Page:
Hither Hills State Park offers visitors scenic picnic areas, fireplaces, fishing (saltwater, ocean surfcasting, freshwater pond), a sandy ocean beach for swimming, playing fields, a playground, and a 165-site campground on the ocean. Anglers can fish year-round and obtain permits to fish at night. The unique “walking dunes” of Napeague Harbor are located on the eastern boundary of the park, which also has woodlands filled with Russian olive, oak, shad, and pine trees. Bridle paths and hiking, nature, biking, and cross-country ski trails are throughout the park. There are 168 tent and trailer campsites with showers, a store, dump station, and horseshoes. (Taken from iloveny.com)
Montauk, although very sparsely settled until the 1920’s, has a history that goes back to pre-colonial days. It is more varied and exciting, perhaps, than that of any other village in East Hampton Township. The opening of Second House to the public as a museum, on June 28, 1969, was an exciting day in our history.
In 1879 Arthur W. Benson of Brooklyn bought most of Montauk, but life went on for a while much as it always had. The Long Island Rail Road extended its line to Montauk in 1895 and in 1899 built the old Montauk Inn, which stood where Montauk Manor does now. A small fishing village grew up around Fort Pond Bay. Austin Corbin, then president of the Long Island Rail Road, conceived a project to make Fort Pond Bay a Port of Entry for trans-Atlantic passenger ships, thus shortening the crossing and avoiding overcrowding in New York Harbor. That project was revived in 1900, 1911, 1927, and 1931. In 1933, the railroad inaugurated inexpensive fishing excursions which brought 40,000 sportsmen each year to Montauk. These were discontinued in 1953 when the channel into Lake Montauk was dredged and the fishing boats moved there from Fort Pond Bay.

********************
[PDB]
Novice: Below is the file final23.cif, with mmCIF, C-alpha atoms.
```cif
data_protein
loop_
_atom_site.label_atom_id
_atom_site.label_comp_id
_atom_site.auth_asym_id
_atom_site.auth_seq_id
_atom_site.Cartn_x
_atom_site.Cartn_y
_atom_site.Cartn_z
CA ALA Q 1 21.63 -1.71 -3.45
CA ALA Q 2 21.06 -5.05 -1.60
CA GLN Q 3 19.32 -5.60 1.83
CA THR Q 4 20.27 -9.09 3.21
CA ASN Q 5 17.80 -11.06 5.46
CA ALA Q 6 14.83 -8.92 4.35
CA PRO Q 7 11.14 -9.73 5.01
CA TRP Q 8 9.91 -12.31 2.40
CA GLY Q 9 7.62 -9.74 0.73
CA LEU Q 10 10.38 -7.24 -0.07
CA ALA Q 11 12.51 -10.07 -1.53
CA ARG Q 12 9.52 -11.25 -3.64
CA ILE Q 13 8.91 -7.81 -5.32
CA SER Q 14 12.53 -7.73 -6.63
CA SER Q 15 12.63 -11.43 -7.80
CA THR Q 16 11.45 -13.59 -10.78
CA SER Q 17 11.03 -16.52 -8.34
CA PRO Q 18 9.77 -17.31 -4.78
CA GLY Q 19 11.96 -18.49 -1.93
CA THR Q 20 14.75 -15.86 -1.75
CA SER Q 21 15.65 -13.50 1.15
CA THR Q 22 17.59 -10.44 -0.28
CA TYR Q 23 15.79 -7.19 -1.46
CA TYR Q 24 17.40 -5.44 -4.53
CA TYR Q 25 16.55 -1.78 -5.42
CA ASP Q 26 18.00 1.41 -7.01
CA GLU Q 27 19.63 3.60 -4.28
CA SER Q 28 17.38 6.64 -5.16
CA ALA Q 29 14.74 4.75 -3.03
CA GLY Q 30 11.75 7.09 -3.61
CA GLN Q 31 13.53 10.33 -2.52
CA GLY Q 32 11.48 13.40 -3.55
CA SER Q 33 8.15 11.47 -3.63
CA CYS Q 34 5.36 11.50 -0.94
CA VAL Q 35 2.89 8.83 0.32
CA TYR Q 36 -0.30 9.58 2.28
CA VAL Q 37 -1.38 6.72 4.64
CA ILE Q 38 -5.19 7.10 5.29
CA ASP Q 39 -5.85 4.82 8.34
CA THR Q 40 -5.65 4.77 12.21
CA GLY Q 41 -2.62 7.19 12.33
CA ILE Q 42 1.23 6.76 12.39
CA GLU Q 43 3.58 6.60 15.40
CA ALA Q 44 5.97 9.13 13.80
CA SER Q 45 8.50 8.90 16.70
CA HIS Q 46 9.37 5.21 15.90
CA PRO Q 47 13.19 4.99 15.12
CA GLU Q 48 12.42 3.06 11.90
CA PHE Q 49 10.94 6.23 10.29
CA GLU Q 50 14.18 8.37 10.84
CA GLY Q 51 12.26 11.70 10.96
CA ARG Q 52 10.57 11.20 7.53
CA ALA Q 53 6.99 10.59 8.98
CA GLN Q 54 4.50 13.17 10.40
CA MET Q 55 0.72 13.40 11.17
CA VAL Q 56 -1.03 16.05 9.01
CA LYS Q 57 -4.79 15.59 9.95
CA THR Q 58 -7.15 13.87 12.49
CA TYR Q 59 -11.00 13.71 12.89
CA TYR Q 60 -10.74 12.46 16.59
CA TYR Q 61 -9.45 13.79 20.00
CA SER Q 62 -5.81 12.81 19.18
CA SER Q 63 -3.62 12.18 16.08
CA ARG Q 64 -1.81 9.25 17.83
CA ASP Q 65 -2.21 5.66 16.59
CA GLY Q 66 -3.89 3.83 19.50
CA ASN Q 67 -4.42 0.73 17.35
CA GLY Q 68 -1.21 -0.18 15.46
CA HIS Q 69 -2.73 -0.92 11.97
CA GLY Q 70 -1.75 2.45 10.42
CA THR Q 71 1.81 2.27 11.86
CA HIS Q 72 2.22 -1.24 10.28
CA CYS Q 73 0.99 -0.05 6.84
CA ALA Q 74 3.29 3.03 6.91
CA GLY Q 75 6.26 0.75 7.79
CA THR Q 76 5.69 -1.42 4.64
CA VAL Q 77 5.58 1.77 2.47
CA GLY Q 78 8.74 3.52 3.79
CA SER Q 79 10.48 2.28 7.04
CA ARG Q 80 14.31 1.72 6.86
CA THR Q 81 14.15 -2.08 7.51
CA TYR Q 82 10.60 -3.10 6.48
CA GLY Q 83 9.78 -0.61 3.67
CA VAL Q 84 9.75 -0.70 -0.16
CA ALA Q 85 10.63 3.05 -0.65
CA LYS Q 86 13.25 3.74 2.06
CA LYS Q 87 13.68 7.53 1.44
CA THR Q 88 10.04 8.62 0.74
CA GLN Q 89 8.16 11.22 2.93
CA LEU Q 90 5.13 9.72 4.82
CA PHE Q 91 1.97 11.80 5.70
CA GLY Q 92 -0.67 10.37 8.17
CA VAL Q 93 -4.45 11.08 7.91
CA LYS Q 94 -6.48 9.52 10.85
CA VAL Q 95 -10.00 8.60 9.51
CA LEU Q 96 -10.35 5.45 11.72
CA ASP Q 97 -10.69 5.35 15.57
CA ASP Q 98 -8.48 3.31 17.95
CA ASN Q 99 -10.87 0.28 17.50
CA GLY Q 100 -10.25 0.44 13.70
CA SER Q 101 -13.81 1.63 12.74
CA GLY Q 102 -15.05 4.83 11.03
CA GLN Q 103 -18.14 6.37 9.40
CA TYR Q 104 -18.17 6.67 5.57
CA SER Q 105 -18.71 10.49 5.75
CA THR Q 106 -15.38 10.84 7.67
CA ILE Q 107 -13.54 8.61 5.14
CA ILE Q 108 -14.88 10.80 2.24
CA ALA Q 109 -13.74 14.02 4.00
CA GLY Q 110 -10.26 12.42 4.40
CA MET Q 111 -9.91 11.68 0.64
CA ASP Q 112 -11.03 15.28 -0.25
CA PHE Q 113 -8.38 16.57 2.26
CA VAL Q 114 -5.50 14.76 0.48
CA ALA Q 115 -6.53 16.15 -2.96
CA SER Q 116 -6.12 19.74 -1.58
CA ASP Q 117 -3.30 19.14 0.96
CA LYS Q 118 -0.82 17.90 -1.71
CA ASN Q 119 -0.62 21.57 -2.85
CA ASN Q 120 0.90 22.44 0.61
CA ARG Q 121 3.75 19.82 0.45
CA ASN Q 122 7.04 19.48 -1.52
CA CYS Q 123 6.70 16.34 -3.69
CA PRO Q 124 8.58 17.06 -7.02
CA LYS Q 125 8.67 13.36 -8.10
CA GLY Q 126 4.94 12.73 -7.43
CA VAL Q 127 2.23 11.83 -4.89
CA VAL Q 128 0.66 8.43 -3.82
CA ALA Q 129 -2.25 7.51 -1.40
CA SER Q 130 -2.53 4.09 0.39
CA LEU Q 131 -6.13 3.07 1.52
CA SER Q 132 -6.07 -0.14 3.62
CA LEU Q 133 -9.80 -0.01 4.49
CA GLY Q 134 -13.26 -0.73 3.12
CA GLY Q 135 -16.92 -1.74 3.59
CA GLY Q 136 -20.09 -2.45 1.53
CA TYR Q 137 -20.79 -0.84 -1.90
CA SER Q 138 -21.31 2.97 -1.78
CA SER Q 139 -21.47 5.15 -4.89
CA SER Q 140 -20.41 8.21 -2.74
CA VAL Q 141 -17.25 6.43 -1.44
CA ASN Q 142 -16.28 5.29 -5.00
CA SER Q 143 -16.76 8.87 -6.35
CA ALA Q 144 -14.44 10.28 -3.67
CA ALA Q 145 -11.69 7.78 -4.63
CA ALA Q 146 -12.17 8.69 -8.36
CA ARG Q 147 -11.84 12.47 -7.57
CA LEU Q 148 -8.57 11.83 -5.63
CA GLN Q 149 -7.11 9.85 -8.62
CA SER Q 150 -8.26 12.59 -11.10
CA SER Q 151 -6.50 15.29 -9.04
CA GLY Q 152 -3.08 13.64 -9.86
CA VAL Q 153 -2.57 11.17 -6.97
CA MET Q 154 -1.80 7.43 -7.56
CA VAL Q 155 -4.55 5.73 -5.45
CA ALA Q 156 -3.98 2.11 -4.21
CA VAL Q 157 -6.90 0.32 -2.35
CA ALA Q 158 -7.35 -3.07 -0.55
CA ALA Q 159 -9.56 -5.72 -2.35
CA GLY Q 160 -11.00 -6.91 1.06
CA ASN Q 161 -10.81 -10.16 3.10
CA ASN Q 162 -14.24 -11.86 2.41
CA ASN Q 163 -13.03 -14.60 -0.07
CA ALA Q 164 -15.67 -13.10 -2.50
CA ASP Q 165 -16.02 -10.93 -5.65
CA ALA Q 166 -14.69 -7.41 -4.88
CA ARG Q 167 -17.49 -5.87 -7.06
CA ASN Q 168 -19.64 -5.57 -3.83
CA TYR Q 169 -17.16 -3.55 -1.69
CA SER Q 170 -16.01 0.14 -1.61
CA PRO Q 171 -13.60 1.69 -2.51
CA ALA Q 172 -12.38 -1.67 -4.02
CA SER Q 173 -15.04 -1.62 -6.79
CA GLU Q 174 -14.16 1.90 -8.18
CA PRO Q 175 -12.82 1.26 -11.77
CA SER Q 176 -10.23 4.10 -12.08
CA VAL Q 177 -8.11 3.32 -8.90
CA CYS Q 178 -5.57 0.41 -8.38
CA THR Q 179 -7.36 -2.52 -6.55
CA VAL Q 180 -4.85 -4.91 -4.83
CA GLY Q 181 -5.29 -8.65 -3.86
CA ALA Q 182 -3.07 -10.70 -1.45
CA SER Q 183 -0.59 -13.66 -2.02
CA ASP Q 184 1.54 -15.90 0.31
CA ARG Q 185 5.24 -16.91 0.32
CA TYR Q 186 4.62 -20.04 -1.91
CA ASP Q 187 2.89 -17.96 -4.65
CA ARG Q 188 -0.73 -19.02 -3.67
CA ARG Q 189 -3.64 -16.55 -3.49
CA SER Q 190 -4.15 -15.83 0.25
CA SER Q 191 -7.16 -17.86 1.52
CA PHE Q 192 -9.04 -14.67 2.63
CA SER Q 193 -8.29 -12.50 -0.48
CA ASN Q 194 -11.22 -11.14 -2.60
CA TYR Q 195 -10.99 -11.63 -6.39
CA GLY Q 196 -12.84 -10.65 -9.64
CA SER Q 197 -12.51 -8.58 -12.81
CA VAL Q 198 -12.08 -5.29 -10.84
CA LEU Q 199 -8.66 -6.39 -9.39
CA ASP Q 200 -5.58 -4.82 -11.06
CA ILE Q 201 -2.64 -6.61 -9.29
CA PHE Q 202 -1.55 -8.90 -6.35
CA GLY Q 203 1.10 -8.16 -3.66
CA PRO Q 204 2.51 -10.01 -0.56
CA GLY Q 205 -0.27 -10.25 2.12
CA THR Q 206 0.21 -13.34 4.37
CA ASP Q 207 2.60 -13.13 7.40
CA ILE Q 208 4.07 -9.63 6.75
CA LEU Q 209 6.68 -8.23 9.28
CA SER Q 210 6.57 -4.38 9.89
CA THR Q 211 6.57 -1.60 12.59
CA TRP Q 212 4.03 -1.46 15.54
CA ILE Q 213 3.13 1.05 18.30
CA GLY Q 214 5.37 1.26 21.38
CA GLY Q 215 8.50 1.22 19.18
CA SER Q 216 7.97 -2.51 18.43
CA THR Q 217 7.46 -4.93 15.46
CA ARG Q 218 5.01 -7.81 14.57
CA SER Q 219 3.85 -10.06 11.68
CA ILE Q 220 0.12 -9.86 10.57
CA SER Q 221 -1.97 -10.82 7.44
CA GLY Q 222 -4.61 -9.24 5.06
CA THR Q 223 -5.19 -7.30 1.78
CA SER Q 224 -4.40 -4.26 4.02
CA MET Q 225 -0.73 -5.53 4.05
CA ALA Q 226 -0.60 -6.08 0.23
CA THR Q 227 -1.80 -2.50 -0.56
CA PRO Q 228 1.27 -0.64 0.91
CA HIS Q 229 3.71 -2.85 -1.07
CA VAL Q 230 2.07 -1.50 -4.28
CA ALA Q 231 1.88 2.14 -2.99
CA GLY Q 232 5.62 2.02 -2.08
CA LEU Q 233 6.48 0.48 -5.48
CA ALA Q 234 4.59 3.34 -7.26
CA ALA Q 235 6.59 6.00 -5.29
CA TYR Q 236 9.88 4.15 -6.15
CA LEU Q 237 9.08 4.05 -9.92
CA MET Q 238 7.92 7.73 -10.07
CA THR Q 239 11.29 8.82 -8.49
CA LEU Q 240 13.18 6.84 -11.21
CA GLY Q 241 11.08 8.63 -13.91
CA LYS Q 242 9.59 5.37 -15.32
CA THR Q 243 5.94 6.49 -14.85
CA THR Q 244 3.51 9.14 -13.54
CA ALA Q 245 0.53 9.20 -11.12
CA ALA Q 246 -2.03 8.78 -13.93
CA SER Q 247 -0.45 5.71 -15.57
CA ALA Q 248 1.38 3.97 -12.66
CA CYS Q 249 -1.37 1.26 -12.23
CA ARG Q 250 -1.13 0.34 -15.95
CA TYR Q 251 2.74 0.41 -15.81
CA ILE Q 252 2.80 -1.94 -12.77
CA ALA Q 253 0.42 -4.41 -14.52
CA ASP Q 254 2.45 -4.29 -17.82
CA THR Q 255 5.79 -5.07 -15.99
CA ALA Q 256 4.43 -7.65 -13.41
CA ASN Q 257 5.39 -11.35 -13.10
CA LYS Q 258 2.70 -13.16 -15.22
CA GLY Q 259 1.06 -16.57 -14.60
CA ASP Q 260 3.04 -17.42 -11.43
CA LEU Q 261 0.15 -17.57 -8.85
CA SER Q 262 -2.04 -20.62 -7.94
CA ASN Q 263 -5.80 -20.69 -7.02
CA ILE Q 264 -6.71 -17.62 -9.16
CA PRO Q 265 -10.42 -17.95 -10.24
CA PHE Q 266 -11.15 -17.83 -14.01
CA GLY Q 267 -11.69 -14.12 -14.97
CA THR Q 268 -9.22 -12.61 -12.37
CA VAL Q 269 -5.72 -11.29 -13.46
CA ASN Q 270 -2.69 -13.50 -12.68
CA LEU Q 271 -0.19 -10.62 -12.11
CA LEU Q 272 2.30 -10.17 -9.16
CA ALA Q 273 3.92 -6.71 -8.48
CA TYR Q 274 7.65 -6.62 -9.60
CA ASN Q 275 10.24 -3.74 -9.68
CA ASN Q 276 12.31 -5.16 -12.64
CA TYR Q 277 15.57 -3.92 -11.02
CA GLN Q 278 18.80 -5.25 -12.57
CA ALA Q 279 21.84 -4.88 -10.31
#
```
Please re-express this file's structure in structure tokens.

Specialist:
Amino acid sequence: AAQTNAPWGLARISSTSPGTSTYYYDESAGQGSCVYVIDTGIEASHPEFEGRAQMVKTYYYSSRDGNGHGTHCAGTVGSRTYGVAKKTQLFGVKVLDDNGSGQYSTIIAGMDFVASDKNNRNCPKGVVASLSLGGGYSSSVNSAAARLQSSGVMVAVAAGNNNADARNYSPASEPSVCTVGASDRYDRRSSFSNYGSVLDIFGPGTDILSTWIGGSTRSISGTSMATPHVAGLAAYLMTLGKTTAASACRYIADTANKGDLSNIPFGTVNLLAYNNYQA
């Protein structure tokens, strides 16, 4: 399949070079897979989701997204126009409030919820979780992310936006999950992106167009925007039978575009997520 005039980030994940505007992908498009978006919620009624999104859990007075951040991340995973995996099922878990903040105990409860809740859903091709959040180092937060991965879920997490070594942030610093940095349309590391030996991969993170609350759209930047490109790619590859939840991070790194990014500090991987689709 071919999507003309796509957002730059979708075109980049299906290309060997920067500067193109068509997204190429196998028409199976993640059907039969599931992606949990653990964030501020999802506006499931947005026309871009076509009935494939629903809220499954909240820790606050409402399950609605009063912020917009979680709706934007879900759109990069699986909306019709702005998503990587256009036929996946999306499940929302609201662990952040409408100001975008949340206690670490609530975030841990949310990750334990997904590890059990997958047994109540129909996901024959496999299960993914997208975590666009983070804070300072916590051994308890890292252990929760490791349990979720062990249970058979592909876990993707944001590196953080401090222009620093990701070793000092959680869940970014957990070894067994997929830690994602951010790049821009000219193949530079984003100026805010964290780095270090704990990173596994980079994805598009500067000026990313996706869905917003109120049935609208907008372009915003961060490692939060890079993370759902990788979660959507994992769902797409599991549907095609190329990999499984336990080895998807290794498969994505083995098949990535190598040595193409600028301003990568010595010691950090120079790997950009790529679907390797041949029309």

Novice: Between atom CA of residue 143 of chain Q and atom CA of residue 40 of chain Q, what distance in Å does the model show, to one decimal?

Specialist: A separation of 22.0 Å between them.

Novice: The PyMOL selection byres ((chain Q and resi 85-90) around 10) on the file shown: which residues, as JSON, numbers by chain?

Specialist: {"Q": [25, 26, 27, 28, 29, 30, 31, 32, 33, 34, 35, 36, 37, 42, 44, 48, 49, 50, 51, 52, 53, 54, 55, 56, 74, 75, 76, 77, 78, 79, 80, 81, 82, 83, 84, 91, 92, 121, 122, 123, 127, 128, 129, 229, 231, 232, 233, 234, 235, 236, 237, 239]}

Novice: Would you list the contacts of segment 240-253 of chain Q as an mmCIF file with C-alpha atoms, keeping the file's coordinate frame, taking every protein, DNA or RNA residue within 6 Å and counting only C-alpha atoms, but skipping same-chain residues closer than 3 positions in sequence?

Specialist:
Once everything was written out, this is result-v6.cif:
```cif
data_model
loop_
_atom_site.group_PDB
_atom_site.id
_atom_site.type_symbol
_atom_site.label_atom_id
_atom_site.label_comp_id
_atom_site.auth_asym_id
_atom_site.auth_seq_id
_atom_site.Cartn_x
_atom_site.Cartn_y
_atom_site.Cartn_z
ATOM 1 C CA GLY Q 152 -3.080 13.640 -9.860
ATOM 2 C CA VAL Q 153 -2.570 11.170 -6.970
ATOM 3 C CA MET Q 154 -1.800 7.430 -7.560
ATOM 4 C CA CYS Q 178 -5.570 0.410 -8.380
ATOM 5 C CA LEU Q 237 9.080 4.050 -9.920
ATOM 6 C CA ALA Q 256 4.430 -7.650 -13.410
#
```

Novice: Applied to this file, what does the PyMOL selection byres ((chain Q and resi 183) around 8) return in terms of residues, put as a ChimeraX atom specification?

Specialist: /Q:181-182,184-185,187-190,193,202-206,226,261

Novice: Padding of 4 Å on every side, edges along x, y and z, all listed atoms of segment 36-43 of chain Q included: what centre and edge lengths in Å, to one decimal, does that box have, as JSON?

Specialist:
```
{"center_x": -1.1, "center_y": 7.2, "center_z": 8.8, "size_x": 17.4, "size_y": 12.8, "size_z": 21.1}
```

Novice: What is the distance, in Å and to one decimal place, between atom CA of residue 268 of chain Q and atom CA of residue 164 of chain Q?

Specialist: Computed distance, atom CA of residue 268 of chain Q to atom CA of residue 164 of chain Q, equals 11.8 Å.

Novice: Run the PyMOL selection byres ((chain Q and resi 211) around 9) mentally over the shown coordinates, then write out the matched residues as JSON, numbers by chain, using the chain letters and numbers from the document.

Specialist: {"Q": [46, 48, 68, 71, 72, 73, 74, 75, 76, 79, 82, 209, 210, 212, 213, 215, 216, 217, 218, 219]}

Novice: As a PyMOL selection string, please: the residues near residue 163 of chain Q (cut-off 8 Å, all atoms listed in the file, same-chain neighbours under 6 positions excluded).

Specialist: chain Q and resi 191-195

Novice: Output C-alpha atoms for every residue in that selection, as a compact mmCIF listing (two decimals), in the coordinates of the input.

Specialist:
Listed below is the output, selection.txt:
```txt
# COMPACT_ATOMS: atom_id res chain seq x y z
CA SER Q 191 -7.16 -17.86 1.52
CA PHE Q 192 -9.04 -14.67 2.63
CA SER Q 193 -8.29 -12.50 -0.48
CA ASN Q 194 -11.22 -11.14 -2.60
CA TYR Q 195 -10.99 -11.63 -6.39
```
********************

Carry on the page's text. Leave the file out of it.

But few drastic changes had occurred before 1924, when Robert Moses established the State Parks at Hither Hills and Montauk Point, and 1926, when Carl Graham Fisher bought 10,000 acres for what he envisioned as the “Miami Beach of the North.”
Montauk owes a great debt to Carl Graham Fisher. He built roads and clubs and houses and brought in new people to appreciate the beauty of the windswept hills and glorious views of ocean and sound, although he had no idea that any history had ever been made here until he arrived.
(Taken from Montauk Historical Society’s website)